June 26, 2010
On the eve of the G20, what’s news we all remember – a million dollar fake lake decorated with canoes, to show off the beauty of Canada. Or maybe it’s the sight of the sunken fire hydrant, its tip poking out from the newly refreshed sidewalk that was built to be admired by world leaders – pretty and completely impractical. An odd way to throw away money given that Canada is far prettier than most places anyway, and certainly has its share of real lakes, and when you imagine that prime ministers and president aren’t likely to be fascinated by sidewalks. But it actually pretty sad – all jokes aside – since the ultimate intention (if not always the outcome) of these G20 meetings is to be practical – to get the job, any job, finished, or at least started. And here we are prettying up the place with fake lakes. Trying explaining that to a classroom of school kids in Africa.
Jesus said some pretty hard things to and about the rich – and you could probably condense them all into a modern day sermon fake lakes and other narrow-minded visions of the world. He wasn’t kind and he wasn’t gentle. In his story about Lazarus in Luke, the rich man ended up being eternally threatened by unquenchable flames. To the disciples, he said camels would have an easier time getting through the eye of a needle than someone rich entering the kingdom of heaven.
But Jesus had a lot of good things to say to or about the poor. You are blessed. Abraham will take you into his bosom. If you pay attention, you’ll see that even the wild flowers in the fields are better dressed than Solomon.
Basically, Jesus understood that when you’re wealthy – at least relatively closer to the top of the heap than the bottom – it’s easy to get blinded by fake lakes and fancy sidewalks. It’s easy to dress up the world around you, so you don’t have to see the shadows. Imaging ourselves in a crowd listening to Jesus, we stand with the poor, we get dusty too. But that’s a lie of convenience, and when the speech was over, we’d be up and off to our fancy homes to wash that dust off. As a certain Jesuit theologian put it, “We (North Americans) read the gospel as if we have no money, and spend our money as if we have no gospel.”
It’s been 10 years since the United Nations adopted the Millennium Development Goals calling for action on issues such as maternal health, child mortality, education and gender equality. It’s not been a particularly productive 10 years. Mothers and children are still dying when they shouldn’t, and we certainly haven’t achieved universal education for primary students. And we’ve been around this road before – some thirty-five years ago, the UN set a target for wealthy countries to dedicate 0.7% of Gross National Income to developing countries through foreign aid. The person leading the commission that recommended this target was a former Canadian Prime Minister (Lester Pearson). Yet today, Canada is doing very poorly on this goal. Out of 22 donor countries we rank number 16 and we are giving less than 0.28% of our gross national income to foreign aid-despite how well we as a country have managed a global recession.
We are a people of fake lakes in a land full of real ones. This week, a new Stats Canada study told us that Canadian families are more time crunched than ever – between work and family commitments. (The good news for moms, on this Father’s day, is that father are spending more time with their kids than ever before.) We all feel it – and yet it’s not real. Our complaint just sound feeble by comparison to most of the world, who are helpless to change their lot. We, who have choices, have done this to ourselves.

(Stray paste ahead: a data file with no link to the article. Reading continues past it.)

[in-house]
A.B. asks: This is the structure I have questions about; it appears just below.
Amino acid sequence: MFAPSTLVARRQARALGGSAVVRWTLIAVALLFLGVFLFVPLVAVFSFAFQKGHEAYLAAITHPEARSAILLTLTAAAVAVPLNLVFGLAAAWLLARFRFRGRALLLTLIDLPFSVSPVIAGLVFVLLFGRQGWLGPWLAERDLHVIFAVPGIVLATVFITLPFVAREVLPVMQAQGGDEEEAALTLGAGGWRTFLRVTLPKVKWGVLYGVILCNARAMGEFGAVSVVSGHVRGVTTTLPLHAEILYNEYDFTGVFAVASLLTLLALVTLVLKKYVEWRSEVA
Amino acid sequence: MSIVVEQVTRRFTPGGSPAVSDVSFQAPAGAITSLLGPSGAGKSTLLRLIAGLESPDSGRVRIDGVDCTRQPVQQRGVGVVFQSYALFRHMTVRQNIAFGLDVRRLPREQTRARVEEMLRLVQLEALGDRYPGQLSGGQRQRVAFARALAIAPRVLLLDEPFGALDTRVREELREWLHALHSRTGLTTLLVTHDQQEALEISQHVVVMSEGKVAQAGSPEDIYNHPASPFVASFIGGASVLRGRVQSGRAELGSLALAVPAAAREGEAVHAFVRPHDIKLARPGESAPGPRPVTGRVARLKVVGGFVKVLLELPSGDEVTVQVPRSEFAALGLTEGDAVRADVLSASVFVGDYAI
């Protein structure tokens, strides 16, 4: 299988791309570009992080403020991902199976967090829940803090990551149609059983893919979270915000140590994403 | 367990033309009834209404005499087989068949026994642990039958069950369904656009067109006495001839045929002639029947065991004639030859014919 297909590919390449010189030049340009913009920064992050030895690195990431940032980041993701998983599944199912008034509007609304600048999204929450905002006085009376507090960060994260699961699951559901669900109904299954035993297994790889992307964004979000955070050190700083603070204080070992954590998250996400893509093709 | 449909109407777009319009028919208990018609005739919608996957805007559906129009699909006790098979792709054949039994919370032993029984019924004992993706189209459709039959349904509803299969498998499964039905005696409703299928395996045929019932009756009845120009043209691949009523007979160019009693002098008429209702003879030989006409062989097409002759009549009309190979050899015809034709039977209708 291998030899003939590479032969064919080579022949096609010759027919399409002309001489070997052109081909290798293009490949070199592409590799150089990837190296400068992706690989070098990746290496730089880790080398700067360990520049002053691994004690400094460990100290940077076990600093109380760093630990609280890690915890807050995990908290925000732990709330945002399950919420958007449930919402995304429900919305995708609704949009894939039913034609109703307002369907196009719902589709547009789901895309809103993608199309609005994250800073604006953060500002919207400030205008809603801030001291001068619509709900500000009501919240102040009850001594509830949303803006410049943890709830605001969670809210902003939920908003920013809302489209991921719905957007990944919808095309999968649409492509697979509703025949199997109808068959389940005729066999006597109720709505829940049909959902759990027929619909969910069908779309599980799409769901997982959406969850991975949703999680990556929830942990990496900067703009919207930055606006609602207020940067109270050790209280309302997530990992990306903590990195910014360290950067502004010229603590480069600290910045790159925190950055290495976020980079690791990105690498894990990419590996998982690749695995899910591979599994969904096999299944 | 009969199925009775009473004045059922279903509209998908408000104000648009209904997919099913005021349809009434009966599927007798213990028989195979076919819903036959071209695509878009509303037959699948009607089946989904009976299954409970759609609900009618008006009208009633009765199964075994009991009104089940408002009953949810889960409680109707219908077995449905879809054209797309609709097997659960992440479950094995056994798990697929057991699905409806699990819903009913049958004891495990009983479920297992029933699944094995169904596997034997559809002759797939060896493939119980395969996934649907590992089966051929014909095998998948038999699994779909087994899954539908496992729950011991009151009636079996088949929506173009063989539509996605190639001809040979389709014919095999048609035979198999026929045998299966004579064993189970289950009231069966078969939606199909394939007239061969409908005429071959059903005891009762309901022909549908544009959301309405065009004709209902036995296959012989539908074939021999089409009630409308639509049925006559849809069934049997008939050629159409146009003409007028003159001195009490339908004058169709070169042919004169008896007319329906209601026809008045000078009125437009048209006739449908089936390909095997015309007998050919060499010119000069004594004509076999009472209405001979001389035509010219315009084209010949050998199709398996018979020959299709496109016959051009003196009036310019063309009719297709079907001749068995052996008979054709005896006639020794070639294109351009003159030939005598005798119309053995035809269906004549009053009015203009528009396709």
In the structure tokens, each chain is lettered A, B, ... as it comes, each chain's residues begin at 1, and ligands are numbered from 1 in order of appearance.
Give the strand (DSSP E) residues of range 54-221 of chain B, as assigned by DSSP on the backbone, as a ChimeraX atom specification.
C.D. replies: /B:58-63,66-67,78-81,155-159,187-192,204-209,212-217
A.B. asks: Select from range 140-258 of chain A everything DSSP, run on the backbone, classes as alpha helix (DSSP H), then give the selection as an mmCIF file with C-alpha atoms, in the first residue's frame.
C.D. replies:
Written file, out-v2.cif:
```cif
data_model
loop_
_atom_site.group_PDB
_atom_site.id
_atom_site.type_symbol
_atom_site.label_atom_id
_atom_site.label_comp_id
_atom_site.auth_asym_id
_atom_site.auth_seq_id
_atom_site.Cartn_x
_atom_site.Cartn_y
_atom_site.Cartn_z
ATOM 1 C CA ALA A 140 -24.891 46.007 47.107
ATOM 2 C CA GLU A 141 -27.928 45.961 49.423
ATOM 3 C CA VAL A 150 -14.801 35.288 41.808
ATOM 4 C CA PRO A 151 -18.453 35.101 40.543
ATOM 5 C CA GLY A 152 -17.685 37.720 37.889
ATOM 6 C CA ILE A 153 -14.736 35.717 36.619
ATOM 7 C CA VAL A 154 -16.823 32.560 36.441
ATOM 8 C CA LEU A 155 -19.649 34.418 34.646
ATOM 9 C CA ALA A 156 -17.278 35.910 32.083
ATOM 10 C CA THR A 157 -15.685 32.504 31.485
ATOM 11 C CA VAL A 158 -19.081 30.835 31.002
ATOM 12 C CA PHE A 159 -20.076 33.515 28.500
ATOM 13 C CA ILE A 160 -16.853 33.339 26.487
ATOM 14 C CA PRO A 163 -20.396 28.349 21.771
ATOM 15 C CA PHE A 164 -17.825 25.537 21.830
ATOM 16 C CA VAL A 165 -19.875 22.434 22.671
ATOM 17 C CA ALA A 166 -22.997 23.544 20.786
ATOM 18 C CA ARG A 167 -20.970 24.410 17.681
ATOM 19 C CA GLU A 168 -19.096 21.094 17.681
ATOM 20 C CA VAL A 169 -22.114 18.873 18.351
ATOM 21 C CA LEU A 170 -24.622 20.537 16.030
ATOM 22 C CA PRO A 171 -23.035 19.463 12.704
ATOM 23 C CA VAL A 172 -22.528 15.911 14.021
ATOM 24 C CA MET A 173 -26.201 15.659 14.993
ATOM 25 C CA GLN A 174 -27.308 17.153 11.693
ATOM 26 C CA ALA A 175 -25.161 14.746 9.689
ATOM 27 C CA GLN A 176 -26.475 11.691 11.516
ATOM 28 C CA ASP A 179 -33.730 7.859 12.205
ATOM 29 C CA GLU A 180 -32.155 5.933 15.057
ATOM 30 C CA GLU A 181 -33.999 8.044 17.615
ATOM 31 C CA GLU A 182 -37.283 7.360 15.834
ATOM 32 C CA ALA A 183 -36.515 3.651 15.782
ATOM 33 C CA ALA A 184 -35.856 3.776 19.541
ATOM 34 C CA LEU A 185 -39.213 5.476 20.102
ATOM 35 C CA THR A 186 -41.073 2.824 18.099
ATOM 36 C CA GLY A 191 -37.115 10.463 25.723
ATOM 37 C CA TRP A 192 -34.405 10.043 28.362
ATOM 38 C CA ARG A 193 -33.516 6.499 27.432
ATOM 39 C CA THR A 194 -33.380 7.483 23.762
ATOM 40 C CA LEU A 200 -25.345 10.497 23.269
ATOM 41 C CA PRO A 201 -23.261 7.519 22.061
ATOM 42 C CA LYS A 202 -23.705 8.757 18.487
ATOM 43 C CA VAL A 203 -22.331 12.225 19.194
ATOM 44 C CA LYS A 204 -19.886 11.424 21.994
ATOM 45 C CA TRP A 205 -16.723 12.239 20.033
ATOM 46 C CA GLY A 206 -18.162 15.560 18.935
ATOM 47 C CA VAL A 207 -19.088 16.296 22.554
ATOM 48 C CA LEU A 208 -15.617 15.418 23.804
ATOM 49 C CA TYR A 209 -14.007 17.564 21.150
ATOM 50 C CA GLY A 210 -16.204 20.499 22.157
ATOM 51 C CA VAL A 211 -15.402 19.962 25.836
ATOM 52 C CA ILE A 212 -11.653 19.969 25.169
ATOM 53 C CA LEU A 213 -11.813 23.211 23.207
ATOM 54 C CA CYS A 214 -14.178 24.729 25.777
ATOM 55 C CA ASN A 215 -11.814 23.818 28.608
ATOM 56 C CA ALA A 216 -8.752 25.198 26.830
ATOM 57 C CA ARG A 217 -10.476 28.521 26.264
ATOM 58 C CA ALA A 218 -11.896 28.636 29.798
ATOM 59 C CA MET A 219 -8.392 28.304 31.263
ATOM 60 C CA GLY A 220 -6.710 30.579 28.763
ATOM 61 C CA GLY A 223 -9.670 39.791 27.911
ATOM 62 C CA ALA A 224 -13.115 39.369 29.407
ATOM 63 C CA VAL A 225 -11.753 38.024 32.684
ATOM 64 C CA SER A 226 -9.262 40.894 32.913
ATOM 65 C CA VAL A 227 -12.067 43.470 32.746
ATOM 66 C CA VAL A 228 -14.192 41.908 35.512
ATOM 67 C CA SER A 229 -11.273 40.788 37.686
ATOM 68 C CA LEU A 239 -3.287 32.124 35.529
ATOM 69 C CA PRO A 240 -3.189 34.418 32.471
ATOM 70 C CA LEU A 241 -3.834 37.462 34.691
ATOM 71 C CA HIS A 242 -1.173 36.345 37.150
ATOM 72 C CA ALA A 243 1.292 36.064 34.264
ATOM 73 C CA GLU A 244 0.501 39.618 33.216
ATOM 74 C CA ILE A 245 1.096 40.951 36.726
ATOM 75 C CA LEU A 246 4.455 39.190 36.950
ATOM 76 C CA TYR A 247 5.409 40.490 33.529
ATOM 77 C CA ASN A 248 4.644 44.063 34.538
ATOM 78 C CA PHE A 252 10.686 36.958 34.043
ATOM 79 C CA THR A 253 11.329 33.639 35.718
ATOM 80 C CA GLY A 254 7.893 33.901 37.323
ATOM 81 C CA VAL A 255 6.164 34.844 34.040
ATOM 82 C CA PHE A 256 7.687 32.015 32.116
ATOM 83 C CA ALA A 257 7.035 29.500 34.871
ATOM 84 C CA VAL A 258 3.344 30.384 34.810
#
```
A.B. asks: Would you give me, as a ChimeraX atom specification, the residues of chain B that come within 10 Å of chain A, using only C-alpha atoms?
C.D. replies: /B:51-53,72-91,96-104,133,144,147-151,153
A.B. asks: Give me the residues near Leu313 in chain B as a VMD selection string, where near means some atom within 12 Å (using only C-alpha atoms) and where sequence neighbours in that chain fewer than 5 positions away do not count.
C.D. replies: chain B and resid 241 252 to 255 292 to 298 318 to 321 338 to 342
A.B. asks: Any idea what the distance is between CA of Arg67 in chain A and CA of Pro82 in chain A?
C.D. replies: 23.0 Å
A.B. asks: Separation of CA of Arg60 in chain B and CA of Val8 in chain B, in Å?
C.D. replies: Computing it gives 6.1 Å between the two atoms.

That’s what Jesus meant about the camel and needle, and why he was always so hard on our wealthy stand-ins in the Bible. The rich are more more easily blinded by gadgets and baubles to what needs doing. When you are poor and your rneighbor’s roof collapse, you help him build it back up because you know you might need his help someday – community is what sustains you. When you’re rich, you figure you can just pay someone else to fix your own roof when the time comes. The wealthy – nations, people – must be giving for the sake of generosity alone.
Today, we are called as people of faith to do our part, just as world leaders meet in Toronto this week to do theirs. The vision that the Millenium Development Goald represent is not just about the poor being better off. It’s one in which giver and receiver alike are changed. It’s a vision of hope, like the sun rising, in which those who don’t have will be housed, and fed, and invited in, and those who have will be transformed into “repairers of the breach, restorers of streets to live in” – just as we hope by our witness to repair the breach among nations and people and cities and the environment into places for living.
What can one person do? In truth, not a lot, but it’s a place to start. Look at your calendars, computers, and cheque books: they reveal what we value – what we think, how we spend our time and money. We need to ask ourselves how these values can change so we can help the world meet these eight goals – and how we can hold out politicians to account to make these goals a priority.
So, chuckle at the inanity of that fake lake and the million-plus that’s being spent on it. But my advice is to go home and find the fake lake in your own life – the prettying up that’s been done at great expense and to little gain – and reset the agenda. One clear way that we can all help reach the millennium goals is to set our own standards higher – as Jesus sets them for us.